One of the California State Parks system's great gems, Henry W Coe State Park is comprised of over 87,000 acres of gorgeous, rugged country. Though the park sits less than an hour from San Jose, one of America's largest cities, it offers solitude and an escape into a western wilderness. Steep hills, placid lakes, vast oak groves, sweeping vistas and fields of vibrant wildflowers await visitors here.
Henry W Coe also has a trail system to match its size - the park boasts over 250 miles of trails and old ranch roads. There are numerous back-country campsites open to hikers, trail riders and bikers alike. Over a dozen ponds and lakes offer excellent fishing opportunities, if you're willing to hoof it; most fishing spots are (at least) a good day's hike from the nearest road. Naturalists and photographers will enjoy the park's diverse wildlife and wildflowers. The latter put on a tremendous, colorful display on the grassy slopes of the park's hills every spring.
Visitors flock to Henry W Coe year-round, but spring and fall are the most popular seasons. Summer is gorgeous but can bring oppressively hot weather, which only adds to the difficulty of the park's many strenuous trails.
Though many primitive walk-in campgrounds are available, Henry W. Coe boasts only one campground suitable for RVs and trailers. This 20-site campground accepts reservations up to six months in advance - visitors are advised to take advantage of the reservation system if they plan to head to the park during its busy spring season or during any weekend.
Henry W. Coe has several different entrances, and various parts of the park can be accessed via roads off of US-101, CA-152 and CA-130. The most popular way into the park is by E. Dunne Avenue. After branching off of the 101, E. Dunne snakes for about thirteen miles up to the park's main entrance (the visitor center and campground are located just past this entrance). Access routes to the park and roads within the park can be steep and sharply curved in sections. Travelers, especially those with trailers or RVs, should take extra caution while driving these roads, especially in rainy weather.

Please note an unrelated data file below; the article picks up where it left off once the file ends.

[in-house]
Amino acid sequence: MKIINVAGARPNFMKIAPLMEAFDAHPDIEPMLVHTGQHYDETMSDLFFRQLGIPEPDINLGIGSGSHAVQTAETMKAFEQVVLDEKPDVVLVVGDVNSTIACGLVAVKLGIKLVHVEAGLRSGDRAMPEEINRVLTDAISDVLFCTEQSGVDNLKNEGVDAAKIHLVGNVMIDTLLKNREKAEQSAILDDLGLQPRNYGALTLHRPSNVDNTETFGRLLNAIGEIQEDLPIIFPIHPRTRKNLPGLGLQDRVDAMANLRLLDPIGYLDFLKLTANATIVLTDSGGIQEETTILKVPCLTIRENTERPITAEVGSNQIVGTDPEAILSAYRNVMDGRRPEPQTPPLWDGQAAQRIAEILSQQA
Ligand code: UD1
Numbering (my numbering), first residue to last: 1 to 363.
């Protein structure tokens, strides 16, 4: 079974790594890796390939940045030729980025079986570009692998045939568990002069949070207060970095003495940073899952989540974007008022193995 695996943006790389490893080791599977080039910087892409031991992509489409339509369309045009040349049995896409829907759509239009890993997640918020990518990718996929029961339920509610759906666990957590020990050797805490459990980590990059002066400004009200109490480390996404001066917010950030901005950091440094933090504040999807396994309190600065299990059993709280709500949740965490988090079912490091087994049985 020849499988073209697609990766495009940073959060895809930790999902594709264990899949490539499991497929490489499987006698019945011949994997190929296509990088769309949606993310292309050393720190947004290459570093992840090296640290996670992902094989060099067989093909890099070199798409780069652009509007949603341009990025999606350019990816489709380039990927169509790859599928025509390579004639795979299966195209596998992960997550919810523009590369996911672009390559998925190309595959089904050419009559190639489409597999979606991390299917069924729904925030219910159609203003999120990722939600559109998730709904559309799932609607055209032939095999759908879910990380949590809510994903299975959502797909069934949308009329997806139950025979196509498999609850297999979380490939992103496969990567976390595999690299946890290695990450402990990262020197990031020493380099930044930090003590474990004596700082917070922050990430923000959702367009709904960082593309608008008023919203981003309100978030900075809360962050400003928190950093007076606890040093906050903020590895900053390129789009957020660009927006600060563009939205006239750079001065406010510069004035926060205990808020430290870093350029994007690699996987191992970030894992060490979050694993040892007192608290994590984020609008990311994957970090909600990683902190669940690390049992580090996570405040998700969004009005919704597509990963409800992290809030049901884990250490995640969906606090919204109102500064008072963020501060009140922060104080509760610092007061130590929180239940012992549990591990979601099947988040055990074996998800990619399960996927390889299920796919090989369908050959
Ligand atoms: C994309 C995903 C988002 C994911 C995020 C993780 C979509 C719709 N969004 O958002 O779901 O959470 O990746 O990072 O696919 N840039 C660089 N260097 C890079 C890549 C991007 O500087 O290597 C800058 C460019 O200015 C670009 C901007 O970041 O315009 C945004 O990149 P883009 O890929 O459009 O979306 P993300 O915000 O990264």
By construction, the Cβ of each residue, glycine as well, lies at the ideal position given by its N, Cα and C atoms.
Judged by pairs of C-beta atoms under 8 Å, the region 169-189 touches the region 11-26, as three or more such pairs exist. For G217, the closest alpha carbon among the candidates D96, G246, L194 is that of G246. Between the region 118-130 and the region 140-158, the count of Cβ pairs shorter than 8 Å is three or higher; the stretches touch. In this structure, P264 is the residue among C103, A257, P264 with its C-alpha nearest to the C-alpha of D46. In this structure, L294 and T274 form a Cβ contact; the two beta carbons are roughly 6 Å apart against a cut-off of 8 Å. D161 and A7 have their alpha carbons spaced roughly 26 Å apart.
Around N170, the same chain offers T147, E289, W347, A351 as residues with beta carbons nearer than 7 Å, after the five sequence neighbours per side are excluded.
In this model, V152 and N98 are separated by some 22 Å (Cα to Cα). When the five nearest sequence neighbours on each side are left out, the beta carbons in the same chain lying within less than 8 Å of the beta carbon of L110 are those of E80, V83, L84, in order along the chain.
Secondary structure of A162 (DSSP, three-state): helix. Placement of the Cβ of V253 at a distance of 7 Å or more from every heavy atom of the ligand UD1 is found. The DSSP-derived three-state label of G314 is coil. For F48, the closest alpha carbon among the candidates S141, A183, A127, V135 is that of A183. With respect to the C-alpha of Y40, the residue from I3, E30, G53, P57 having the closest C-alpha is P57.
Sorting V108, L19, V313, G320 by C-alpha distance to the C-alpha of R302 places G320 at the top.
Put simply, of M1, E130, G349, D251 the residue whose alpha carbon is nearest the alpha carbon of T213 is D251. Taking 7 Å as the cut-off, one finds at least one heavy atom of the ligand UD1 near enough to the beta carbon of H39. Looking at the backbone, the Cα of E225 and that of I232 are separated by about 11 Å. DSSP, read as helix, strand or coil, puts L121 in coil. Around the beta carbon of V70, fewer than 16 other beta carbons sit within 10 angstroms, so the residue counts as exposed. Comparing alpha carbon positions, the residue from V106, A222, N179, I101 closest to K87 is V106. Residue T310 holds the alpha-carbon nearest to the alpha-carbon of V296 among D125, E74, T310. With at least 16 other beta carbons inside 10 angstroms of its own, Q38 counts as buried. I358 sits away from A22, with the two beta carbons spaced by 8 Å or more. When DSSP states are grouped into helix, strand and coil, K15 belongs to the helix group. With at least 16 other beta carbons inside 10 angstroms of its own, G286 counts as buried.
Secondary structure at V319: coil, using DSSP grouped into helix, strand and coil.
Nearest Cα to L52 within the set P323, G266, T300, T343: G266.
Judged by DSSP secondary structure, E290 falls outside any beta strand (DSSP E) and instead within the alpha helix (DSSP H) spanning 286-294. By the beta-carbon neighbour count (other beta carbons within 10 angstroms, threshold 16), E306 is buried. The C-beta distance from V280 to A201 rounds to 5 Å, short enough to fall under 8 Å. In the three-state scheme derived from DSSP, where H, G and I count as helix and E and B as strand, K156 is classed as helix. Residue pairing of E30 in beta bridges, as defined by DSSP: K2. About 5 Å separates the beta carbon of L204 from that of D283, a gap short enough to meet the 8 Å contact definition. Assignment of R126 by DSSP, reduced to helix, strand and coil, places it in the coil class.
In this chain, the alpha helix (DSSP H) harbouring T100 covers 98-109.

Though the park has a remote feel to it, it sits only about 20 miles east of San Jose, as the crow flies. You need not head all the way into the city for amenities or supplies, though; Morgan Hill, a full service town, is just a 13 mile drive from the park's campground.
Once you've arrived at the campground, parking shouldn't pose much of a challenge (as long as you are below the suggested length limits). Spots have ample space between them, and though they are all back-in, maneuvering should be easy with a small RV or trailer. A few trailheads are accessible from the campground, but because the park is so large, the rest are not within walking distance. Ample parking is available at day-use areas and trailheads throughout the park, though.
Henry W. Coe has over a dozen back-country campsites, offering visitors the chance to escape into some montane solitude. For RV and Trailer campers, the park sports just small campground, though it is a gorgeous one. The Coe Ranch Campground, which sits atop a 2,600' ridge, has 20 sites. Some sites offer lovely views of the surrounding country and others are shielded by stately groves of oaks.
Camping at Coe Ranch is primitive, with no electric, water or sewage hookups. There are, however, potable water spigots and vault toilets available. The campground is located right by the entrance and visitor center, and it also offers quick access to several trailheads.
Reservations can be taken for sites up to six months in advance. Because this is the park's only campground suitable for RVs and trailers, it can fill up fast, especially during weekends.